Intermittent preventive treatment in pregnancy with sulphadoxine-pyrimethamine (IPTp-SP) is one of the main strategies for protecting pregnant women, fetus, and their new-born against adverse effects of P. falciparum infection. The development of the drug resistance linked to mutations in P. falciparum dihydrofolate reductase gene (pfdhfr) and P. falciparum dihydropteroate synthase gene (pfdhps), is currently threatening the IPTp-SP approach.
Policymakers have recognized that proprietary patent medicine vendors (PPMVs) can provide an opportunity for effective scaling up of artemisinin-based combination therapy (ACT) since they constitute a major source of malaria treatment in Nigeria. This study was designed to determine the stocking pattern for anti-malarial medications, knowledge of the recommended anti-malarial medicine among PPMVs in Akinyele Local Government Area (LGA) of Oyo State, Nigeria and their perception on ways to improve PPMV adherence to stocking ACT medicines.
A Malaria Short Course (MSC) was conceptualized to build the capacity of program managers for malaria control due to the lack of a single comprehensive broad-based programmatic training in Nigeria. Prior to its implementation, a needs assessment was conducted based on the perspectives of stakeholders to plan and develop the curriculum.
Improving caregivers’ recognition of childhood malaria and pneumonia is crucial to early treatment and improving outcomes. The objective of this study was to assess the accuracy and reliability of caregivers’ recognition of malaria and pneumonia (lay diagnosis) as compared to the revised IMCI guidelines.
Plasmodium falciparum-resistance to sulphadoxine-pyrimethamine (SP) has been largely reported among pregnant women. However, the profile of resistance markers to SP dihydrofolate reductase (dhfr) and dihydropteroate synthase (dhps) in the general population are varied and not frequently monitored. Currently, SP is used as partner drug for artemisinin combination therapy (SP-artesunate) in some sub-Saharan African countries or as a prophylactic drug in intermittent preventive treatment of malaria during pregnancy and infants and in seasonal malaria chemoprevention (SMC). Profiling of P. falciparum-resistant genotypes to SP is dynamic and critical in providing data that would be useful for malaria control programmes. This study assessed the profile of dhfr and dhps genes genotypes among individuals with malaria in Lagos, Nigeria.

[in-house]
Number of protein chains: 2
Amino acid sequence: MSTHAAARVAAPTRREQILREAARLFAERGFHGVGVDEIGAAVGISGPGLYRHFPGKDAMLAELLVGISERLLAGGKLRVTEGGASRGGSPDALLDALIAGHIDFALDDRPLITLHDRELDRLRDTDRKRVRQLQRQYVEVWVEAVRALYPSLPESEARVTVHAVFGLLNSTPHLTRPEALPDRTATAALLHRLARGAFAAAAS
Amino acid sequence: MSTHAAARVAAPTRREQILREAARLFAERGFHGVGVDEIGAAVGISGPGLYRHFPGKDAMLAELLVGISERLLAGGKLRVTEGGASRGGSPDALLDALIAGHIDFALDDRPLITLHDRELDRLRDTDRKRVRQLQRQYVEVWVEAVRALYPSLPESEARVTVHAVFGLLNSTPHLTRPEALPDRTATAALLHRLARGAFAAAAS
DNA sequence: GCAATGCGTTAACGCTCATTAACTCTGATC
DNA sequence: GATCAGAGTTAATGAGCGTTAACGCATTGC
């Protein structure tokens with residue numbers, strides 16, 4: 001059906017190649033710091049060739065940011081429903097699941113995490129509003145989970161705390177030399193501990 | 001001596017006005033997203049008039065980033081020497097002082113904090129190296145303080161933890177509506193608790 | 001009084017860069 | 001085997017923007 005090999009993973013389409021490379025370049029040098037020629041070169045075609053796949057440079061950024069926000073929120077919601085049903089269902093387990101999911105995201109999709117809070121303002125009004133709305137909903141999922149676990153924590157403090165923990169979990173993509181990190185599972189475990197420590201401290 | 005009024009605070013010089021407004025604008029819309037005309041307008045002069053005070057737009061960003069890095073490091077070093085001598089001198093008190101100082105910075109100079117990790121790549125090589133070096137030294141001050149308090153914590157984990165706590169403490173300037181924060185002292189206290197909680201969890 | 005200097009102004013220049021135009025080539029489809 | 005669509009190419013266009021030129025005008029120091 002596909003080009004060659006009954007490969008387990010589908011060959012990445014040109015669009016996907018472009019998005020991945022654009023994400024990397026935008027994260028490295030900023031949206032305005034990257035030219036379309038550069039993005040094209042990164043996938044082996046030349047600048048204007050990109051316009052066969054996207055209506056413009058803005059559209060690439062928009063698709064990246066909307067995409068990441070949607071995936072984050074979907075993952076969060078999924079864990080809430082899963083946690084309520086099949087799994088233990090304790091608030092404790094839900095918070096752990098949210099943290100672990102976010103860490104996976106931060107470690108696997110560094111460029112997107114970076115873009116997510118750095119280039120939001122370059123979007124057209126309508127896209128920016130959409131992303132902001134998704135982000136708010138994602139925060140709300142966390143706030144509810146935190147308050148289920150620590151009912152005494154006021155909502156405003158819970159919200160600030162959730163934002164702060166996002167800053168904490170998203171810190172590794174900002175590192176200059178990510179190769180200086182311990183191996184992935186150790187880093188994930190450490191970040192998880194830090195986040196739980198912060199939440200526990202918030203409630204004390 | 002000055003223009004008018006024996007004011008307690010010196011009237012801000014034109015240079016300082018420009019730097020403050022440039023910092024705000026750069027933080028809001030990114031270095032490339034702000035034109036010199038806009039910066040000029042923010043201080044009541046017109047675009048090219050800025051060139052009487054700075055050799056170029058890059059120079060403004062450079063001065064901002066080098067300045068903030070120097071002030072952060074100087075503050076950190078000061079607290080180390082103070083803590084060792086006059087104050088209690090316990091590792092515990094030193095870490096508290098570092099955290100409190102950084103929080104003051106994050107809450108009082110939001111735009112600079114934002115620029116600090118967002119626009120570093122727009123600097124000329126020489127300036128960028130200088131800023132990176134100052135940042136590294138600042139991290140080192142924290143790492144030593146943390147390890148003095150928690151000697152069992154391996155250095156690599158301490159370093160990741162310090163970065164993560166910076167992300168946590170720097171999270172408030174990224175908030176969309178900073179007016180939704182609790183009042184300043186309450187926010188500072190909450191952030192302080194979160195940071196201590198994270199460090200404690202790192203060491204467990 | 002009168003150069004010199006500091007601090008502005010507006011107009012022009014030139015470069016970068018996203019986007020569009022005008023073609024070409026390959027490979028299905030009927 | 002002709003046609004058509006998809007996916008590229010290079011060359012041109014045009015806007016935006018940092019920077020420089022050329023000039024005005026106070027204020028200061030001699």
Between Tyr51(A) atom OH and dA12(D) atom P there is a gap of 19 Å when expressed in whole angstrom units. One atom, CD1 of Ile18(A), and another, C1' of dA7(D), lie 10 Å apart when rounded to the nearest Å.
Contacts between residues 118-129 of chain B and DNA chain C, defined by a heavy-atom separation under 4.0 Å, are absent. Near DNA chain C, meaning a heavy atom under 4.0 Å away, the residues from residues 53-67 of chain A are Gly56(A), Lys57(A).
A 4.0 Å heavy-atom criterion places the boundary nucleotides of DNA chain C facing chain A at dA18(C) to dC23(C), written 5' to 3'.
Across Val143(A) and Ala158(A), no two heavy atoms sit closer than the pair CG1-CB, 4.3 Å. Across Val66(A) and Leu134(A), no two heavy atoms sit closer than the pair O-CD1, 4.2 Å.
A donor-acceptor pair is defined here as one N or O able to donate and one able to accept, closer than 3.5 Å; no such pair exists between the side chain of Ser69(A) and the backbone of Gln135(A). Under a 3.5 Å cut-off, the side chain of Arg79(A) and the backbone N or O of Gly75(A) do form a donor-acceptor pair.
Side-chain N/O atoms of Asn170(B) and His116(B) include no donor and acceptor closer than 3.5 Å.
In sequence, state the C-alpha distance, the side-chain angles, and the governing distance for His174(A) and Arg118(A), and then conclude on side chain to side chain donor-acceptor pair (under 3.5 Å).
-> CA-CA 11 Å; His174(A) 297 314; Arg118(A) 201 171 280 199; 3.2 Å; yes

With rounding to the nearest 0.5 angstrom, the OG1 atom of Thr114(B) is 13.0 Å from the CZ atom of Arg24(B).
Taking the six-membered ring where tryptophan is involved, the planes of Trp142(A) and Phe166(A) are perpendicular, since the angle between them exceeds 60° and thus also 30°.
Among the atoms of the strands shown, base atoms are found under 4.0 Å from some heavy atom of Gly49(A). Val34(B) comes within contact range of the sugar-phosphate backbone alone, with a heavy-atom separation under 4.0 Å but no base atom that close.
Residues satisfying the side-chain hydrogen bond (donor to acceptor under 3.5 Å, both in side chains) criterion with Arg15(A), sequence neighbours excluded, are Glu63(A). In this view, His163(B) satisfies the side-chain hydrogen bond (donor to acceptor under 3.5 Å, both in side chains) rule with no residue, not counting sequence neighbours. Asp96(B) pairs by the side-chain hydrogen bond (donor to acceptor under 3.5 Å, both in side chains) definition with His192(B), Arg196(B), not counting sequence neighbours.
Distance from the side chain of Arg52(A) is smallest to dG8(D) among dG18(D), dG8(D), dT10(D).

Malaria in sub-Saharan Africa (sSA) is thought to be mostly caused by Plasmodium falciparum. Recently, growing reports of cases due to Plasmodium ovale, Plasmodium malariae, and Plasmodium vivax have been increasingly observed to play a role in malaria epidemiology in sSA. This in fact is due to the usage of very sensitive diagnostic tools (e.g. PCR), which have highlighted the underestimation of non-falciparum malaria in this sub-region. Plasmodium vivax was historically thought to be absent in sSA due to the high prevalence of the Duffy negativity in individuals residing in this sub-continent. Recent studies reporting detection of vivax malaria in Duffy-negative individuals from Mali, Mauritania, Cameroon challenge this notion.
Malaria is commonly associated with alteration in haematologic cells of infected individuals in both the acute uncomplicated and severe phases. Whether this alteration occurs in the asymptomatic phase of the disease is still being investigated.
The study was carried out to determine relative abundance, species diversity, of Anopheles species (Diptera: Culicidae) in selected forested areas in Cross River State, Nigeria and the prevalence of malaria infection in the specimens. Mosquitoes were collected using pyrethrum spray catch and Centre for Disease Control light traps modified with yeast and sugar to generate carbon dioxide (CO2) and identified using morphological identification keys. We used a multiplex polymerase chain reaction followed by restriction fragment length polymorphism (PCR-RFLP) to simultaneously distinguish sibling species of the An. gambiae s.l, including separation of An. gambiae s.s. and An. coluzzii (Diptera: Culicidae).
Malaria control relies on first-line treatments that use artemisinin-combination therapies (ACT). Unfortunately, mutations in the plasmodium falciparum kelch13 gene result in delayed parasite clearance. Research on what is causing ACT failure is non-existent in northwestern Nigeria. Thus, the presence of mutations in kelch13 in P. falciparum isolates from Kano, Nigeria was investigated in this study.
Despite the increase in malaria control and elimination efforts, weather patterns and ecological factors continue to serve as important drivers of malaria transmission dynamics. This study examined the statistical relationship between weather variables and malaria incidence in Abuja, Nigeria.